Wednesday, July 27, 2011

Help "Stuff The Bus"!!!

Remember the excitement of buying all of the new school supplies for the new school year?
Getting that new backpack, sharpening all of the pencils, writing your name on everything?

So many school age children won’t be able to go school shopping this year. So, in Florida and Georgia, Publix has teamed up with First Coast News, and the Red Cross to accept new school supplies, that will be donated to needy children along the First Coast. Donations will be accepted at all Publix through August 14th!

In Colorado, 9News has made it easy to “Stuff The Bus” by enabling you to donate online. You may also be able to drop off new school supplies at a local Walmart. You may donate by following this link:

Let’s help all of our children have a great start to the new school year, and give them the tools needed to succeed!

Friday, May 20, 2011

The Children of Mali

"From here to Timbuktu", a popular statement, but do you know where Timbuktu is? Is Timbuktu even a real place? Yes, Timbuktu is a real place, where gold, salt, ivory, literature and knowledge used to be traded. Timbuktu sits on the Niger River, on the edge of the Sahara Desert, in Mali, a large Northwestern African country, about the size of California and Texas combined. Much like the US, Mali provides free public education to all children between the ages of 7-16. So why, with a population of 14.5 million people, are only 61% of the Malian children attending school, and why is the national literacy rate somewhere between 27-46%? (
Though families do not have to pay school tuition, the cost of uniforms, supplies, books, and other fees to attend school, are unattainable for many Malian families. According to about half of the population of Mali lives below the international poverty line of $1.25 a day.
Additionally, access to schools, teachers, and supplies is limited. Especially in Mali's northern regions. Situated in the Sahara Desert, the climate is harsh and water is scarce. The nearly 1.5 million people occupying these lands are primarily nomadic. They regularly move from one location to another, in search of food and water for their families and livestock. Often the children of these nomadic families are constantly on the go as well as working in order to help care for their families. Constructing, staffing and supplying a permanent school can be problematic in such an environment. Considering the circumstance, would children even be able to attend school if there was one?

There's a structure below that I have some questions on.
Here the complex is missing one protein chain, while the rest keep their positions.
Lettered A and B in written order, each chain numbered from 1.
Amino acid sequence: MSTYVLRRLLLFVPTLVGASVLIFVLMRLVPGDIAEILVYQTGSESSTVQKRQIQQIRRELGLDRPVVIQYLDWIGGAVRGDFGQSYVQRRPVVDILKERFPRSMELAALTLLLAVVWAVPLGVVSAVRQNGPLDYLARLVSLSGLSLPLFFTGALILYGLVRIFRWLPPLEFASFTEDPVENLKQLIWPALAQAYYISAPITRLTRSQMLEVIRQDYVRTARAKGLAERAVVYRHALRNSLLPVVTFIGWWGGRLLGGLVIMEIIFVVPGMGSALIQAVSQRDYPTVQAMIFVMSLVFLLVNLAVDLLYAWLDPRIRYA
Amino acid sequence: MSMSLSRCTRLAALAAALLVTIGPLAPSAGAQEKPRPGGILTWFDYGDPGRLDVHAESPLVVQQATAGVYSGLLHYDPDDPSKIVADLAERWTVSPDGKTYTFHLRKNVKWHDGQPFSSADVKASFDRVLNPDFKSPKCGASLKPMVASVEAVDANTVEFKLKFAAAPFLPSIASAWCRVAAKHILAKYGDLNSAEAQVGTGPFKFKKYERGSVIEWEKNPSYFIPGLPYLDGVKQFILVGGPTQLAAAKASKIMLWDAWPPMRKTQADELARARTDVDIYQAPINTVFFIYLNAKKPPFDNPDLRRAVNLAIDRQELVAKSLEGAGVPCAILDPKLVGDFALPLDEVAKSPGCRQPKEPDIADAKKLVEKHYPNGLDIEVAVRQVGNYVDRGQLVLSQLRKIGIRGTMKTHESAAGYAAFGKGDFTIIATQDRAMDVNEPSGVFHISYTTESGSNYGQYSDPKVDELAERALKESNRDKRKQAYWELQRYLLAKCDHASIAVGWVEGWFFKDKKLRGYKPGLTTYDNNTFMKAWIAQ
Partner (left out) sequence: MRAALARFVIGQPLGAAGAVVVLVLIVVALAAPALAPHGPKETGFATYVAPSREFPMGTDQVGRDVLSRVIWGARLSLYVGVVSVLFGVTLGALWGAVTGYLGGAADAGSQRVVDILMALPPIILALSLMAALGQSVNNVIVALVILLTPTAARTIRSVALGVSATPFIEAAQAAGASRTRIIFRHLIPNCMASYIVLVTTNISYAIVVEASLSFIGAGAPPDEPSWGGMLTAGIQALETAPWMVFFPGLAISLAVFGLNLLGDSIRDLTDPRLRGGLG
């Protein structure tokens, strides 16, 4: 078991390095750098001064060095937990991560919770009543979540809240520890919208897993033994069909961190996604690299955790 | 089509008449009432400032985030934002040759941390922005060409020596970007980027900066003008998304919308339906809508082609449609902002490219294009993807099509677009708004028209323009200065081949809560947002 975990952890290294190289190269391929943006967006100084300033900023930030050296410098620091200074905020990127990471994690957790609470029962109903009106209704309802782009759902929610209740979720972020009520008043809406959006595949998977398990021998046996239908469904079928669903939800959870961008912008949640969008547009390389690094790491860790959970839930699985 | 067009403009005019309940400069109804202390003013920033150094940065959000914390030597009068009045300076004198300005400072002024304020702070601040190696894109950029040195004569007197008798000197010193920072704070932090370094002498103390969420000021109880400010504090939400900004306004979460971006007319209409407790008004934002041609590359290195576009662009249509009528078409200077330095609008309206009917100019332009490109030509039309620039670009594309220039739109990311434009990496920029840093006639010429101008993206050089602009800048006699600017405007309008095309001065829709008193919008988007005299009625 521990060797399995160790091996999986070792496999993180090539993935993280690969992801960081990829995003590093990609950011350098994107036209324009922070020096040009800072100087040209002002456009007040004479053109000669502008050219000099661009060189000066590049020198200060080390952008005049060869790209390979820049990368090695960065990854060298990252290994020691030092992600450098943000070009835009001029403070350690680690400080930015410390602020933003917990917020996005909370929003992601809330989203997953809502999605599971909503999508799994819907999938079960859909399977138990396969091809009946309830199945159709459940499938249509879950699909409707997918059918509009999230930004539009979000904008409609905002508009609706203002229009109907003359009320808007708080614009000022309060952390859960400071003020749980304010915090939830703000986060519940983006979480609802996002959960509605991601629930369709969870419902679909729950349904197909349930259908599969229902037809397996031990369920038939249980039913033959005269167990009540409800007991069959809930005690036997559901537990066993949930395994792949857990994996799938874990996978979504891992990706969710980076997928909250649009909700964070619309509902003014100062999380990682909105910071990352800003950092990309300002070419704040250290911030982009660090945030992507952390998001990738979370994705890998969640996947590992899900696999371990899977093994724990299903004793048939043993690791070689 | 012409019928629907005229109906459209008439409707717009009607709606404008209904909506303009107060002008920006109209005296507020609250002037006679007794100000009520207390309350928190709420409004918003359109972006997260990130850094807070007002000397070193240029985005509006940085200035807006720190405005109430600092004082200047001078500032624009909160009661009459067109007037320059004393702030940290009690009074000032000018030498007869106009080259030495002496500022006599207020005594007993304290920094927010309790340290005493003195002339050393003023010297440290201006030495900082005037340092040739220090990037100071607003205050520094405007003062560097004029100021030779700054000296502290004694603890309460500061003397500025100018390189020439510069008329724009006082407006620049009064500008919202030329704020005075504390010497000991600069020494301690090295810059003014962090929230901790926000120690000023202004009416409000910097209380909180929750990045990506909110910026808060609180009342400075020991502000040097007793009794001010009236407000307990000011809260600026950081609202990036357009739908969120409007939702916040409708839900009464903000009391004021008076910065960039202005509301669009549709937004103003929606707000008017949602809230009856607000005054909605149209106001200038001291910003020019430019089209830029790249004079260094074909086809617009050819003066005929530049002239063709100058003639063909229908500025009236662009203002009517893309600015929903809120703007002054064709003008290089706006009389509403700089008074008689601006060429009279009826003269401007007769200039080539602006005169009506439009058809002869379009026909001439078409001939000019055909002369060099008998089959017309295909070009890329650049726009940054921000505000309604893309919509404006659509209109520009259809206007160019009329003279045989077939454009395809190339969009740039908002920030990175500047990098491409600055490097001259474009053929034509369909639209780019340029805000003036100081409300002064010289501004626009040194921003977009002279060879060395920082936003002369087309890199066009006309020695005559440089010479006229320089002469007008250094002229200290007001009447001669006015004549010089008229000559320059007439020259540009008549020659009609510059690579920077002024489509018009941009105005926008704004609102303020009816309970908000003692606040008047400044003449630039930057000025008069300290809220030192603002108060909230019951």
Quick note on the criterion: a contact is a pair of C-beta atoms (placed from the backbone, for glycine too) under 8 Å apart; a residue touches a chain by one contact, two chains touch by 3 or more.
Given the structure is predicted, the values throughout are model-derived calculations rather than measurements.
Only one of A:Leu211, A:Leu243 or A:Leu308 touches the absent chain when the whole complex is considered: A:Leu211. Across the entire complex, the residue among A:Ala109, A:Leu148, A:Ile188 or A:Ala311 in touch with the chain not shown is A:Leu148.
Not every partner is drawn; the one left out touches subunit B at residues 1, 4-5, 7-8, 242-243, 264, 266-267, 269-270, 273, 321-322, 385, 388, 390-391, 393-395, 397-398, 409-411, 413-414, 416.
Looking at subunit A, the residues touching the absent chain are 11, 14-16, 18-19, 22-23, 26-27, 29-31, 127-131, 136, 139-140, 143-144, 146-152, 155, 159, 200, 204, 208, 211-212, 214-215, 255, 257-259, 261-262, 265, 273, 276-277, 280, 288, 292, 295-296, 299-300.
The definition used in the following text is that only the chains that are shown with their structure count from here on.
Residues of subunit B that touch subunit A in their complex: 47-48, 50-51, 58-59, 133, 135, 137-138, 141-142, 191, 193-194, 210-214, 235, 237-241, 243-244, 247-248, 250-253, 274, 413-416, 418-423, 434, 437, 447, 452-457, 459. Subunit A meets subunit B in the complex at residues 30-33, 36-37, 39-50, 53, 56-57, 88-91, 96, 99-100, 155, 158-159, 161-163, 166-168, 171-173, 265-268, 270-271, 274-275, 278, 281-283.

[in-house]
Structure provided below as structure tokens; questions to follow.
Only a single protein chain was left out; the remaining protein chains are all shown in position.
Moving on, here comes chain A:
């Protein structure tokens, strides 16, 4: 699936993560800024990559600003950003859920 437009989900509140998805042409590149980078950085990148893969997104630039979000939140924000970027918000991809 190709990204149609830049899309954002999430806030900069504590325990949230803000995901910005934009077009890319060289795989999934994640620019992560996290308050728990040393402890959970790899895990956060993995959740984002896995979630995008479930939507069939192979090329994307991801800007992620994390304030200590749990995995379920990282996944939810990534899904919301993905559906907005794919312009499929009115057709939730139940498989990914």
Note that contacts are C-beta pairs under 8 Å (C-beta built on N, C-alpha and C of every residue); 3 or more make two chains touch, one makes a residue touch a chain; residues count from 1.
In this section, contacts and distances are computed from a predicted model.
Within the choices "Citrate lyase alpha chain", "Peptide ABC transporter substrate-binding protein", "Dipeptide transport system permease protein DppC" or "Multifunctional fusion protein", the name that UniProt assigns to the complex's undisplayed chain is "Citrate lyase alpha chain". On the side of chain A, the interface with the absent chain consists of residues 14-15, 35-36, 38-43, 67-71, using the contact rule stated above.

There are organizations who are trying to make a difference. One such organization, Build a School in Africa ( Build a School in Africa has built at least 7 schools in Mali since 2005. Their goal is to build 1 school per year. According to their web site, they can get a middle school large enough to accommodate 200 children built for only $30,000. Mali needs more organizations, or at the very least, more people to care about its people, to help provide a basic education. In America, we don't even thing about not having an education. Kids complain daily about having to get up and go to school, and the children in Mali be to go to school, but many can't.
Information for this article was obtained through the following web sites:

Friday, May 6, 2011

What It's Like to Be a Homeless Mother

Mother’s day affords us the opportunity to reflect on, and appreciate, all the hard work and sacrifices mothers make for the sake of their children. What does a mother do, however, when she finds herself homeless? The following article published in August 2010 on offers a powerful glimpse into life as a homeless mother. Click the link below for the full text. It is an incredibly powerful and moving story.

Tuesday, April 26, 2011

Farm Worker Housing in California

A great story from National Public Radio’s Housing First Special Report on migrant worker housing (originally broadcast in 2003) can be found at:

It paints a vivid picture of the conditions migrant workers face and some of the initiatives that were trying to improve those conditions. It is important to note that inadequate housing is reality faced by many migrant workers both foreign and American born.

Wednesday, April 20, 2011

Migrant Farm Workers: Feeding the World While Going Hungry

Have you ever trolled the colorful booths of your local farmer’s market, or sat down to enjoy a leafy salad, and wondered how all that horticultural goodness got there? From the nut orchards of the San Joaquin Valley in California to the endless corn rows of the Midwest to the sweet smelling orange groves of central Florida, millions of laborers work hard to keep our plates full and our stomachs happy.

The hands that plant and harvest the food that we consume everyday are rough, and the lives of the millions of migrant farm workers that work the approximately 406 million acres of cropland across the US can be hard.